Six Degrees of Separation – from The Outsiders to Wise Children #6Degrees

Six Degrees of Separation is a meme hosted by Kate over at Books Are My Favourite and Best. It works like this: each month, a book is chosen as a starting point and linked to six other books to form a chain. A book doesn’t need to be connected to all the others on the list, only to the one next to it in the chain.

This month we’re starting with S. E. Hinton’s The Outsiders which I’ve not read but I know this story of teenage rebellion is considered to be a classic of young adult fiction.

Albert Camus’ The Outsider is also thought of as a classic. It’s about Meursault who refuses to conform to society’s expectations showing no emotion when his mother dies or remorse at an act of violence he commits.

The Outsider is also translated as The Stranger which takes me to Sarah Waters’ The Little Stranger set in a crumbling, haunted mansion lived in by the same family for two centuries. Not my favourite Waters. I much prefer Fingersmith for its brilliant twist.

Which leads me to Steven Galloway’s The Confabulist about a man fascinated by magic and illusion who is convinced he’s responsible for Houdini’s death. It’s such a clever book, a magnificent illusion in itself, whose final twist is kept under wraps until the very end.

Steven Galloway also wrote The Cellist of Sarajevo leading me to Patrick Gale’s Take Nothing with You which I’ve yet to read but I know it’s about a young boy who finds a passion for the cello when his mother signs him up for lessons with a glamorous teacher.

Patrick Gale’s father was governor of HM Prison Camp Hill on the Isle of Wight. Patrick McGrath grew up close to another secure institution: Broadmoor Hospital where his father was the medical superintendent. His novels often explores madness, of which The Wardrobe Mistress set against the backdrop of the London theatre, is one of my favourites.

Angela Carter’s Wise Children shares a theatrical backdrop with The Wardrobe Mistress. It’s a tale of unacknowledged paternity, mistaken identities, twins at every turn, Shakespeare, Hollywood, music hall, discarded wives, glorious love and rollicking good times. A wonderful novel packed with Shakespearean references, a plot worthy of one of the Comedies and written in language which is earthy, vivid and memorable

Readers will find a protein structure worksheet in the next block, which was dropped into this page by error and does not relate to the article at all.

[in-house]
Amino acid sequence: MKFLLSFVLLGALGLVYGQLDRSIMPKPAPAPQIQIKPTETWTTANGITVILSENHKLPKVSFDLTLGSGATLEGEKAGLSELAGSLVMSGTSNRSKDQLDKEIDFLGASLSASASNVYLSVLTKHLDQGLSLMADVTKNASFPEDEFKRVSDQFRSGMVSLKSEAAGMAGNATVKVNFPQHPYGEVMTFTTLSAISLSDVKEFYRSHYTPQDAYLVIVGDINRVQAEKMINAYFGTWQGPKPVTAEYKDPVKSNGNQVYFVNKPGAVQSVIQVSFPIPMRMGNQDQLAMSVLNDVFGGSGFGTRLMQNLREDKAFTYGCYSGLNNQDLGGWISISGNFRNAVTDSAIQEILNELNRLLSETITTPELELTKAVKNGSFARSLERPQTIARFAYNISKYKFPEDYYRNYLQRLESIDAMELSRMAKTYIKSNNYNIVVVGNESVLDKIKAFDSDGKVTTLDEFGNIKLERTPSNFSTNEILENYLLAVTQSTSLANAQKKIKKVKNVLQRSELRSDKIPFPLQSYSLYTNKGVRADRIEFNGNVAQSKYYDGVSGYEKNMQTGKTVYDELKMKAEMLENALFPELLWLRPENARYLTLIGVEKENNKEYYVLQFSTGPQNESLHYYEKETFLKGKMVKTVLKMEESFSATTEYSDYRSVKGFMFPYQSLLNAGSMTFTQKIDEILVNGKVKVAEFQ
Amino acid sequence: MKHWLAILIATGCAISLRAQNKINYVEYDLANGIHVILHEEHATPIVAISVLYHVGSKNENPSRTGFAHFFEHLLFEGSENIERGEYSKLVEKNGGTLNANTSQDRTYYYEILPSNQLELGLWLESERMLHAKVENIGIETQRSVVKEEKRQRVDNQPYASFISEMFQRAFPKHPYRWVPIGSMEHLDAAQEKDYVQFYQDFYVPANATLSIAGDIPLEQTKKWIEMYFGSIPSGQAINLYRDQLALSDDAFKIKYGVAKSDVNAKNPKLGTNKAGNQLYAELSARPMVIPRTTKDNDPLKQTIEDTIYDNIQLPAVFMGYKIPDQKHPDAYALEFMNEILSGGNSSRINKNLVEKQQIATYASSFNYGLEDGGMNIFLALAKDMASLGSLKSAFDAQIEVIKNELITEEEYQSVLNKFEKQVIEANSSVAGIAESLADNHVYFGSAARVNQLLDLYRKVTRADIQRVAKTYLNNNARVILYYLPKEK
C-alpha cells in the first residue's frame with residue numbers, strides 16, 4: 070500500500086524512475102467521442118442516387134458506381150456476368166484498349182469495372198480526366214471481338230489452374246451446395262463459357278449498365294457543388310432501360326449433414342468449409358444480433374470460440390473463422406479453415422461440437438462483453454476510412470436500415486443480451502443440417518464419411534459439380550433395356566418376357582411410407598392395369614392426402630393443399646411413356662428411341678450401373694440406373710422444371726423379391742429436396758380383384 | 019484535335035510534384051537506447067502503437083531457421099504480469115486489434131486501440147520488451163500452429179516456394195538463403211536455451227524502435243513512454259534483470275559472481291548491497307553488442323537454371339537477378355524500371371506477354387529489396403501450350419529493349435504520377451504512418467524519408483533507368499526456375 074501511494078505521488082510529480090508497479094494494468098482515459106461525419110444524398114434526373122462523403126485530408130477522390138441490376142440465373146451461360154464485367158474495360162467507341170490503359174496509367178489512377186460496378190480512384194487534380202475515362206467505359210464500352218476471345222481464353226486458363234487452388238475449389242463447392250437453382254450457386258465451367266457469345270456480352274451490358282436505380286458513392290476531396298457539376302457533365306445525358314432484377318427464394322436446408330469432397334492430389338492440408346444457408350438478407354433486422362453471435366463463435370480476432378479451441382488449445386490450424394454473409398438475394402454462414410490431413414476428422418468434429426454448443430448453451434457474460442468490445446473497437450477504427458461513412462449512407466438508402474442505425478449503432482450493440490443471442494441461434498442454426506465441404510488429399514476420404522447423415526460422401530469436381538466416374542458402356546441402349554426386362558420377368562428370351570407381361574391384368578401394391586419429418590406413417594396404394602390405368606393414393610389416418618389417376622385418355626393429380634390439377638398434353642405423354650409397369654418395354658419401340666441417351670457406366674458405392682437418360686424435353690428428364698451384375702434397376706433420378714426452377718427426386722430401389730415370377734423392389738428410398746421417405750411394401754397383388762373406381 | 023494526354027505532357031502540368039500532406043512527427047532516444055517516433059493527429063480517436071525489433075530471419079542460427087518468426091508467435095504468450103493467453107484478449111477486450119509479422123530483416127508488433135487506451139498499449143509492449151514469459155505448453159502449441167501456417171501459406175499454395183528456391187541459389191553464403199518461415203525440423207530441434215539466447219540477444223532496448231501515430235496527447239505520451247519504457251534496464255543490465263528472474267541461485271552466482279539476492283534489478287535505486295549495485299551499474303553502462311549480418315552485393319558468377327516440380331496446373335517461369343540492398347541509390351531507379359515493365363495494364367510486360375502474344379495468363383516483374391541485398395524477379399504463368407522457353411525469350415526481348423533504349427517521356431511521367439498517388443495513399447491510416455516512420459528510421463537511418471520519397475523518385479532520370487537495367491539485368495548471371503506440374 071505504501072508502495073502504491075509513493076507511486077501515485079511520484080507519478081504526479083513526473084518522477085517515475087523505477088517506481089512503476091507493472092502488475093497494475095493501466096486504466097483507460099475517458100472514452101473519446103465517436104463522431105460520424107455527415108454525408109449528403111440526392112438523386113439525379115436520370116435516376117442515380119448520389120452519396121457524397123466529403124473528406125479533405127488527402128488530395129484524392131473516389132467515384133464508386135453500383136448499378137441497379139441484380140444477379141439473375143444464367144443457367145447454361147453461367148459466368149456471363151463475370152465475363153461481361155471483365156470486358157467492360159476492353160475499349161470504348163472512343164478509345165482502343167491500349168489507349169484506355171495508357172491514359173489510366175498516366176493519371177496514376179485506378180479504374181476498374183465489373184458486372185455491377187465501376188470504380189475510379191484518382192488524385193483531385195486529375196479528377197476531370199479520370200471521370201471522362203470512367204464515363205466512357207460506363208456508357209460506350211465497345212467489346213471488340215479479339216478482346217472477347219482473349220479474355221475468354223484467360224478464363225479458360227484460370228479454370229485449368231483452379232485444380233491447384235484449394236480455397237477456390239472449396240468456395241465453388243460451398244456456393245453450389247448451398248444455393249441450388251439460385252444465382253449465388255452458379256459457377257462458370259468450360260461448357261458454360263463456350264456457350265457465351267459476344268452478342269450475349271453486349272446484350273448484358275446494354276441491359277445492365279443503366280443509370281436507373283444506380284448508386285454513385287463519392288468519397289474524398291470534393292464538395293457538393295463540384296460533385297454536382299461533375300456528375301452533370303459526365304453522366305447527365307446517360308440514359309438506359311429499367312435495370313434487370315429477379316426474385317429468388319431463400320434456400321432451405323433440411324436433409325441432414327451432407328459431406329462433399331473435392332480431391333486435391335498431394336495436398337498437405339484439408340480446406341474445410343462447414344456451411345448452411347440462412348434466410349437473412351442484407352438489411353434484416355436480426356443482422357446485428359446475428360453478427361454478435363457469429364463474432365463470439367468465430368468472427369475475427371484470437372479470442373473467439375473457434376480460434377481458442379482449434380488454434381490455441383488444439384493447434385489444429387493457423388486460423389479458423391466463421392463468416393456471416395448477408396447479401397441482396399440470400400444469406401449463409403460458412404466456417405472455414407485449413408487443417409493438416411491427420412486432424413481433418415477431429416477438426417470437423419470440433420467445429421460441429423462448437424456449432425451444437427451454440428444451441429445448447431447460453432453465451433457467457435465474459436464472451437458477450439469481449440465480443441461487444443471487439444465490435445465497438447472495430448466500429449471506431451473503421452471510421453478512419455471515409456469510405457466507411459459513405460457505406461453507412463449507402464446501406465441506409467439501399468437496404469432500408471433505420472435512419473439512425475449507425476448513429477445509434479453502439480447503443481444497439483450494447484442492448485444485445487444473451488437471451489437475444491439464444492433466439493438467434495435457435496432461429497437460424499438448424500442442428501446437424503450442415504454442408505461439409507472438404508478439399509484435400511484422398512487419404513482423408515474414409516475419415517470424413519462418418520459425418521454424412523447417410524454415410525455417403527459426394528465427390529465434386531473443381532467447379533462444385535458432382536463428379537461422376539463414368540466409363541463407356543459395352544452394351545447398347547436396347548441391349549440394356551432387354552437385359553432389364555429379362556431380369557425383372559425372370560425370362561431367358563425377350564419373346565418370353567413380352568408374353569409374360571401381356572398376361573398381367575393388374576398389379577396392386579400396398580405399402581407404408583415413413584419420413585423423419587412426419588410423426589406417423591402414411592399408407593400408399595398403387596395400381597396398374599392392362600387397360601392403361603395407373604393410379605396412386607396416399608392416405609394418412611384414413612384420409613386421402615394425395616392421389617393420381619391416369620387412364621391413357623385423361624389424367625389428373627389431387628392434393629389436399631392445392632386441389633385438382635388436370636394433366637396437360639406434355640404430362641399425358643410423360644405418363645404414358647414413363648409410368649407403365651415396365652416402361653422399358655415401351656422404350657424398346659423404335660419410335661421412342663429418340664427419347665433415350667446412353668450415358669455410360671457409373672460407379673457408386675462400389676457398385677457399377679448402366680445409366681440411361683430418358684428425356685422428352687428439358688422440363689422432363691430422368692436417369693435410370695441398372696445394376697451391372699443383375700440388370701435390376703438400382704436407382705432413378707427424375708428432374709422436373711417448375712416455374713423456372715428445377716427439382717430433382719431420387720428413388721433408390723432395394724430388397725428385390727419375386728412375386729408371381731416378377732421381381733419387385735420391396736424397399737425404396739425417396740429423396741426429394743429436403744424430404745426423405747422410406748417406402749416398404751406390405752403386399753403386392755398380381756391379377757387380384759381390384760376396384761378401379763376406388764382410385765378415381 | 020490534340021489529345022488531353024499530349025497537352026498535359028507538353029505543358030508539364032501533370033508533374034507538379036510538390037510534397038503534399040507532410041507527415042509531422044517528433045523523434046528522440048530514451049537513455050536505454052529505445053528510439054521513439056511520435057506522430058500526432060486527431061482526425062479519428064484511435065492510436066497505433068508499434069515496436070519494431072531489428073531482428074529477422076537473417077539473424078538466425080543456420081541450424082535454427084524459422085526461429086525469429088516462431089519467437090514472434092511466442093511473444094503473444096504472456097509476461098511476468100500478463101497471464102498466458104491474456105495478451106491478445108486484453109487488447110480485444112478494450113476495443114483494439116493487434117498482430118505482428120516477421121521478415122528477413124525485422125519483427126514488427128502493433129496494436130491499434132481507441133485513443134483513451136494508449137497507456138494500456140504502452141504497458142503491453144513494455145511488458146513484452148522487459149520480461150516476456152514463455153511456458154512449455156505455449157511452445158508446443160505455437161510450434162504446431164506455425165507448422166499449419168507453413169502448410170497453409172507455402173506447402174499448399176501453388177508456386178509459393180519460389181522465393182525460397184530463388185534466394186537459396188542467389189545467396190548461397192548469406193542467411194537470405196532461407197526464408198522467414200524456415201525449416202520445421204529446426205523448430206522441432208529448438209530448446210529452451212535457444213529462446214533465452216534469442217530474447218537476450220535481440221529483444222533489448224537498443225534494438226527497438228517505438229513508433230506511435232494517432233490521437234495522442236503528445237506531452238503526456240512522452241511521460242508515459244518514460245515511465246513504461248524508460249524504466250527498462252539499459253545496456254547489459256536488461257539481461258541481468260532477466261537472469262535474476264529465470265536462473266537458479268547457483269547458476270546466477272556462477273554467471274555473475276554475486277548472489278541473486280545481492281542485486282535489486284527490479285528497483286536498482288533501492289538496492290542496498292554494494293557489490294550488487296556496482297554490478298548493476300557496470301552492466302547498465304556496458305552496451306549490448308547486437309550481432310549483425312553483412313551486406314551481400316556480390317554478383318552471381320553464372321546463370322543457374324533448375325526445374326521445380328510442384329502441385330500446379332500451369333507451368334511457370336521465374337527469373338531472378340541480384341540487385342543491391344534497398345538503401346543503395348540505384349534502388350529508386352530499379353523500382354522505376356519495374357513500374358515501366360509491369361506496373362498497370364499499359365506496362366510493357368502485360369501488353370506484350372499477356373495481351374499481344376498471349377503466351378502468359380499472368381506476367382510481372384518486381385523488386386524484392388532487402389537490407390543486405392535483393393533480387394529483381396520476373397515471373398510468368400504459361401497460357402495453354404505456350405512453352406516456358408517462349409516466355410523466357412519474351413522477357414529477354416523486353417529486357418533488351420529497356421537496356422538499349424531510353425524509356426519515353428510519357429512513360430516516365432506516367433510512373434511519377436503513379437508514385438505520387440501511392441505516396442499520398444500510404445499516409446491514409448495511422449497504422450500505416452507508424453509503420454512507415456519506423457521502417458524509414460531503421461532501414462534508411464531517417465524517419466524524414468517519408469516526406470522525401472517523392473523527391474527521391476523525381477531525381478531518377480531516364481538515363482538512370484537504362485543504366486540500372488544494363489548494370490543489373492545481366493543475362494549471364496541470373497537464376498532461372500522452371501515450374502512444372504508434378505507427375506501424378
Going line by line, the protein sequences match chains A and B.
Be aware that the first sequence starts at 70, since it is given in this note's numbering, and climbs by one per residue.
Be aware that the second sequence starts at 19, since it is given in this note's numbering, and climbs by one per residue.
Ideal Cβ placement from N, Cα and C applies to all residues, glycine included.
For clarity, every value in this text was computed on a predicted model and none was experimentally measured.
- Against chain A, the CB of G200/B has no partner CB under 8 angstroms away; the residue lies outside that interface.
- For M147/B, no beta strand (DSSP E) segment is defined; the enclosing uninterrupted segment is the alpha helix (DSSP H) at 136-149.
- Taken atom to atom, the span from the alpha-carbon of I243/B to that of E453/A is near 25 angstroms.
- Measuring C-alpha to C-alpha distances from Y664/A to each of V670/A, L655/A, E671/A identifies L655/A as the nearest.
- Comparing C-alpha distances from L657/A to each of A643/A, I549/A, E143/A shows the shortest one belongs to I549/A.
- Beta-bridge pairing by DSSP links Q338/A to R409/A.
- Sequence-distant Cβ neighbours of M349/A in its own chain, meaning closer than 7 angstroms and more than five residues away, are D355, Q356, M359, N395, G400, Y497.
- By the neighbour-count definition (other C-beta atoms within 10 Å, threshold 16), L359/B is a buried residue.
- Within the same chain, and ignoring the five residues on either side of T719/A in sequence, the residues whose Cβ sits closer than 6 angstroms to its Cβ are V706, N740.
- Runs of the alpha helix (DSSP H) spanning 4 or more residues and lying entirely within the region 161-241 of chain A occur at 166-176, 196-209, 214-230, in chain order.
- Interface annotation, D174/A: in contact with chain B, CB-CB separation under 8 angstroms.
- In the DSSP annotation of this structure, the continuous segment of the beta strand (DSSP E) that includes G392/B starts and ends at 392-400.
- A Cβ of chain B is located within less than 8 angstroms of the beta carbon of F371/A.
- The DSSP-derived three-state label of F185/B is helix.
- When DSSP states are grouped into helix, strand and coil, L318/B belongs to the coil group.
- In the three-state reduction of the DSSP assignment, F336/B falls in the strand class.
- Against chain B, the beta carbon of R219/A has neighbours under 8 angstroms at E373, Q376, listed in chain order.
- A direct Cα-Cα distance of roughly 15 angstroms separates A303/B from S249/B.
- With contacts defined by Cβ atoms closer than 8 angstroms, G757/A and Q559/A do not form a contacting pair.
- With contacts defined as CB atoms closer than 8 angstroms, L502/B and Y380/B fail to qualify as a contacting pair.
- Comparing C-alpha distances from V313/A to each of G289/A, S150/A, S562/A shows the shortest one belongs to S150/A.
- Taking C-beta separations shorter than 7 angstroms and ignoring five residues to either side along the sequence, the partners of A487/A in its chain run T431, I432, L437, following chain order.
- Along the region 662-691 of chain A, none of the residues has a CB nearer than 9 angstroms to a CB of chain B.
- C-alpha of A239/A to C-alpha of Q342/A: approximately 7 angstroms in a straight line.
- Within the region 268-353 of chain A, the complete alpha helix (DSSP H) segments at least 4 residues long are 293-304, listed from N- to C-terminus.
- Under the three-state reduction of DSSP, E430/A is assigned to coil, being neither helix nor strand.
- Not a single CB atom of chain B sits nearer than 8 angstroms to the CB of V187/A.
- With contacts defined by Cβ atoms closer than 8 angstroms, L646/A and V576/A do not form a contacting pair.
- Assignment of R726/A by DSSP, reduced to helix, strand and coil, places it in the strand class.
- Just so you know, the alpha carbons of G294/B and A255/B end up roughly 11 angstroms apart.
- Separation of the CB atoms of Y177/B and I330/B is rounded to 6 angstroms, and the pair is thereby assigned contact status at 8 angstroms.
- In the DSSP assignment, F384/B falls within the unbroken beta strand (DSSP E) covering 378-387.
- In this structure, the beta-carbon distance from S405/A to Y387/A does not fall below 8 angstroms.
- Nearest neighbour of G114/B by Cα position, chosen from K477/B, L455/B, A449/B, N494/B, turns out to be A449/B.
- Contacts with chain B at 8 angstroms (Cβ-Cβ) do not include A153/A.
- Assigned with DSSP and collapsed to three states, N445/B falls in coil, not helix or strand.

This month’s Six Degrees of Separation has taken me from a teen classic to a tale of theatrical dynasty. Part of the fun of this meme is comparing the very different routes other bloggers take from each month’s starting point. If you’re interested, you can follow it on Twitter with the hashtag #6Degrees, check out the links over at Kate’s blog or perhaps even join in.

26 thoughts on “Six Degrees of Separation – from The Outsiders to Wise Children #6Degrees

  1. Kate W

    I had not seen that cover for The Outsiders – I love it.

    I haven’t read any of the books in your chain but thinking that Wise Children sounds right up my alley (and another brilliant cover!).

    Reply
  2. Liz

    I really like the alternative Camus title as a link to The Little Stranger – bravo! I have the Wardrobe Mistress on my TBR and was interested to read your review – it sounds great.

    Reply
    1. Susan Osborne Post author

      Delighted to hear that! You’re in for a treat, although it’s very different from The Bloody Chamber stories. It features two of the best old women in modern fiction I’ve come across.

      Reply
    1. Susan Osborne Post author

      Thank you. Wise Children is wonderful, isn’t it it. The Chance sisters are so memorable: once met never forgotten. I’m sure you’ll enjoy The Wardrobe Mistress – a good winter read.

      Reply
  3. BookerTalk

    Loved the links, especially Camus to Waters – now those are authors I would never expect to see mentioned in the same breath but it just shows how the 6degrees meme takes our minds in totally new directions. My mind has gone completely blank for this month’s chain unfortunately

    Reply
  4. Margaret

    It’s good to see someone else using Camus as the first link – it just seemed so obvious to me! What an interesting link between Patrick Gale and Patrick McGrath – I haven’t read any of the latter’s books, but will look out for them now.

    Reply
    1. Susan Osborne Post author

      I was amused when I saw your post, Margaret. I think we’re the only ones, at least so far. Some of McGrath’s books are quite gothic but if you’re interested, The Wardrobe Mistress is a good place to start.

      Reply
  5. Melinda Tognini

    So many interesting sounding books that I have not yet read. I particularly like the sound of The Cellist of Sarajevo and Take Nothing with You. Thanks for a great chain (and more books to add to my to-read pile).

    Reply
  6. Jessie

    Great links, Susan! I especially liked your connection between The Outsider and The Little Stranger. The Wardrobe Mistress sounds like one I should check out soon too.

    Reply
    1. Susan Osborne Post author

      Thanks, Jessie. The Little Stranger’s doing the rounds at cinemas here which is why it popped into my head, I suspect. The Wardrobe Mistress is such a good read. Perfect fro winter too.

      Reply
  7. Literary Feline

    Yes! I love the connections you made here. The Little Stranger! Steven Galloway! I really enjoy these posts.

    Reply

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